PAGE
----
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Former CNN executive Allison Gollust gleefully texted her former boss Andrew Cuomo that he’d dealt President Trump an “L” in a 2020 CNN interview she helped orchestrate, according to a report.
The revelation was part of a lengthy Rolling Stone piece delving into the ethically questionable relationship between recently ousted CNN President Jeff Zucker; his lover and longtime lieutenant Gollust; former New York Gov. Cuomo, for whom Gollust once worked as a communications aide; and Cuomo’s brother, former CNN anchor Chris Cuomo.
According to Rolling Stone, on March 28, 2020, after then-Gov. Cuomo offered an effective shoulder shrug to Albany reporters about then-President Trump suggesting a COVID-19 quarantine of New York, Connecticut, and New Jersey, he appeared on CNN later that afternoon with a far more forceful response.
“I think it would paralyze the economy,” he said. “I think it would shock the economic markets in a way we’ve never seen before.”
Later in the interview, CNN host Ana Cabrera teed up Cuomo with a question about the stock market, a subject of keen interest to Trump.
“On that point you made about the financial sector, about being able to have interstate commerce, but also the financial sectors, it’s the heart of Manhattan, right?” Cabrera asked. “What would this mean for the stock market? Would it have to shut down?”
“Oh, it would drop like a stone,” Cuomo said, adding it would be “chaos and mayhem” that could have devastating economic effects.
Between his Albany press conference and the CNN appearance that same Saturday, Gov. Cuomo had texted Gollust, “Ask Jeff to call me plz,” an apparent reference to Zucker. Shortly before his remote appearance on CNN, Gollust had copied Zucker on an email to a programming staffer to offer Cuomo as a last-minute guest, and she told Zucker the governor wanted to speak with him.
After the segment ended, according to the report, Gollust texted Cuomo: “Well done … Cuomo-W. Trump-L.”
The report lays out other examples of Gollust, who rose to be CNN’s chief marketing officer under Zucker, blurring the lines with then-Gov. Cuomo, at one point joking in a text, “I’m pretty sure I stopped being your publicist 8 years ago, but apparently I still am.” In another example, she invited him on CNN’s struggling morning show “New Day” to “squash” a rumor that Trump would shut down New York City. And another time, Cuomo remarked that she often asked for “favors” but it was OK since it was “mutual.”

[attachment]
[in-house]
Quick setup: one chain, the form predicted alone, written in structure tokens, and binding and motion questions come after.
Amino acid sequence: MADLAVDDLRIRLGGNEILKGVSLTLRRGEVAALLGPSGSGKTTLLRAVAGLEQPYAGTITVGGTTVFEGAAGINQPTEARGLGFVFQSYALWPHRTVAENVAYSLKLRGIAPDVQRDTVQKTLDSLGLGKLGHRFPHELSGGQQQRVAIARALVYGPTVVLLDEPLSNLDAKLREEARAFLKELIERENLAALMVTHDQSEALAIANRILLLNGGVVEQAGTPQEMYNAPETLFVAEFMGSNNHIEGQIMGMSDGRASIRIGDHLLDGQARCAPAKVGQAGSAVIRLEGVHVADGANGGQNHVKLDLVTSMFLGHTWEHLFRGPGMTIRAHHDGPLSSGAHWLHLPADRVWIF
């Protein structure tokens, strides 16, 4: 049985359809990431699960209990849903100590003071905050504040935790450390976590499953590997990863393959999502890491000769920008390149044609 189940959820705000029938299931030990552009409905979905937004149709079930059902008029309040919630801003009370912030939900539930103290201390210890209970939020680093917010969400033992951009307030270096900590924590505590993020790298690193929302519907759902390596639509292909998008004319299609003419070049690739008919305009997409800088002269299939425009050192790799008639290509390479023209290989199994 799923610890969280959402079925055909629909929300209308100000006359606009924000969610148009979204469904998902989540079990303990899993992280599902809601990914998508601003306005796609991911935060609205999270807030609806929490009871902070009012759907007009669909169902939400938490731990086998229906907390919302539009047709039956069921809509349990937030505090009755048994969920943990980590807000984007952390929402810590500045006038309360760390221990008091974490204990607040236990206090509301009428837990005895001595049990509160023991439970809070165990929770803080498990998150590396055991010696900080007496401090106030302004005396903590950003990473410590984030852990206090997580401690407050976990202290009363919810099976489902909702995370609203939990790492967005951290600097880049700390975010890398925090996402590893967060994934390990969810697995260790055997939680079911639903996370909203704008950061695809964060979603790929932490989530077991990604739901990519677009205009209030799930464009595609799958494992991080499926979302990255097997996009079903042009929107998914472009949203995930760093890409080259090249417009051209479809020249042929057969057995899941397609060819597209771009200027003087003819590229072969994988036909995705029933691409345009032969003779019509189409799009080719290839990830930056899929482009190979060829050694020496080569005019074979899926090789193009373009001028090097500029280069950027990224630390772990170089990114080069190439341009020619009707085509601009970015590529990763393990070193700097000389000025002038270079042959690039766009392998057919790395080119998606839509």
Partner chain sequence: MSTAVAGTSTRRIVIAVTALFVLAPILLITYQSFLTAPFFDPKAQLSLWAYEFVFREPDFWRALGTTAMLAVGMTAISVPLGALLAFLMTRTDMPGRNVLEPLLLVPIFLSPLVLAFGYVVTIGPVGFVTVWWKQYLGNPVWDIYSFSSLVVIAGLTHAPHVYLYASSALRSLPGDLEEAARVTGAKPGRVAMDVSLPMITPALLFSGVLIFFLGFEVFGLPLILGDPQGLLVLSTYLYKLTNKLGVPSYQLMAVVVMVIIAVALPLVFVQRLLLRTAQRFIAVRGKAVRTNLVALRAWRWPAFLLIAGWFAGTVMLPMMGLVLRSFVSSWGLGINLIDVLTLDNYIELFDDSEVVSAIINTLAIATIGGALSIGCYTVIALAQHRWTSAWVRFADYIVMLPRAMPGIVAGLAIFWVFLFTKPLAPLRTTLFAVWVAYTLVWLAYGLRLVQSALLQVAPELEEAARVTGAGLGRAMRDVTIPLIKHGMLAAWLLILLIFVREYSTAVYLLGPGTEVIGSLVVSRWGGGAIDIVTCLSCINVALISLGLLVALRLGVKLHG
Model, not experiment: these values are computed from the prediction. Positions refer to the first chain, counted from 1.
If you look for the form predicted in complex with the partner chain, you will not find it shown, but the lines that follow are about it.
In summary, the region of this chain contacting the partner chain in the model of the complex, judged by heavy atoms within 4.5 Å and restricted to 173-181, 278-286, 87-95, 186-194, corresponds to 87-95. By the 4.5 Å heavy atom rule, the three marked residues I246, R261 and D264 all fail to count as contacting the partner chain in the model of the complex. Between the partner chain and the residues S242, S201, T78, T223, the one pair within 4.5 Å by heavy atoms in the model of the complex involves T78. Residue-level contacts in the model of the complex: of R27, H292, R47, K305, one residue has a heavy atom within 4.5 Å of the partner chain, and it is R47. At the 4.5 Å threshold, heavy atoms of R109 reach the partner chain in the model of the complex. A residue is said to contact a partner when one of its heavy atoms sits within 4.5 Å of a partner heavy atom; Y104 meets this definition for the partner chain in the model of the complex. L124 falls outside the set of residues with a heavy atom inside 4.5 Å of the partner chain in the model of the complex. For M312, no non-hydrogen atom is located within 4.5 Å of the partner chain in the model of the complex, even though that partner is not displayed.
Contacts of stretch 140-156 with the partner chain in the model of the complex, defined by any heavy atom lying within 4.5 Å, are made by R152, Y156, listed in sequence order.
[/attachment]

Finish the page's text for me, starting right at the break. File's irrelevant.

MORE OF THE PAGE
Still, Zucker insists he never acted as a consultant to Cuomo.
“Jeff has never advised Andrew Cuomo,” Jeff Zucker spokeswoman Risa Heller told News Digital
Nothing crystallized the cozy relationship between Andrew Cuomo and CNN more than the chummy interviews conducted by his little brother on “Cuomo Prime Time.” The now infamous exchanges included mutual declarations of brotherly love, the younger Cuomo heaping praise on the governor for his coronavirus leadership, and even prop comedy involving a giant nasal swab. Although praised in some media corners at the time as great television, the interviews are now widely viewed as a black eye for the network and an ethical lapse, particularly as Gov. Cuomo’s coronavirus failings came to light.
Gollust served as Cuomo’s communications director from October 2012 until February 2013, jumping ship to CNN, where Zucker had just taken over as president.
Zucker’s nine-year run that saw CNN lurch to the left ended abruptly on Feb. 2 when he was forced to resign for reportedly not disclosing a sexual relationship with Gollust. He claimed their formerly professional relationship had become romantic “during COVID,” but the two had been romantically linked for years before that. The revelations came during a wider investigation of former primetime star Chris Cuomo, whose extensive, journalistically unethical involvement in his brother’s political sexual harassment defense – and misconduct allegations of his own – led to his termination in December.
Gollust resigned two weeks later, and WarnerMedia CEO Jason Kilar said she, Zucker, and Chris Cuomo were all guilty of multiple violations of company news standards and practices, casting doubt on the claim that Zucker’s resignation was solely for not disclosing his affair.
“If it all seems too incestuous to be true, it was hardly unusual within the culture that followed Zucker wherever he went. For all his many journalistic wins, a brazen disregard for workplace ethics seemed to envelop his newsrooms — a function, perhaps, of his early successes and the privileges he enjoyed along the way,” Rolling Stone reported.
The lengthy story could help the case of Chris Cuomo, who is seeking millions from WarnerMedia after his termination. The reporter who penned the Rolling Stone piece, Tatiana Siegel, used to have a landing page on the website of Cuomo’s attorney, Bryan Freedman, which is used to publicize coverage of his clients. NPR’s David Folkenflik put a spotlight in their relationship last month and the page suddenly vanished.
“A report in Rolling Stone by Tatiana Siegel, a veteran entertainment reporter who has frequently relied upon the law firm that Chris Cuomo has hired as a source, says that Zucker’s and Cuomo’s own advice to the former governor was also coming under scrutiny,” Folkenflik wrote on Feb. 7, linking to the page that archived five different times Siegel covered his clients over the years.
Siegel’s archive page was removed from Freedman’s website shortly after Folkenflik put a spotlight on their relationship, according to a search of internet archives. Freedman did not immediately respond to a request for comment.
CNN also did not respond to a request for comment.
Fox News’ Brian Flood contributed to this report.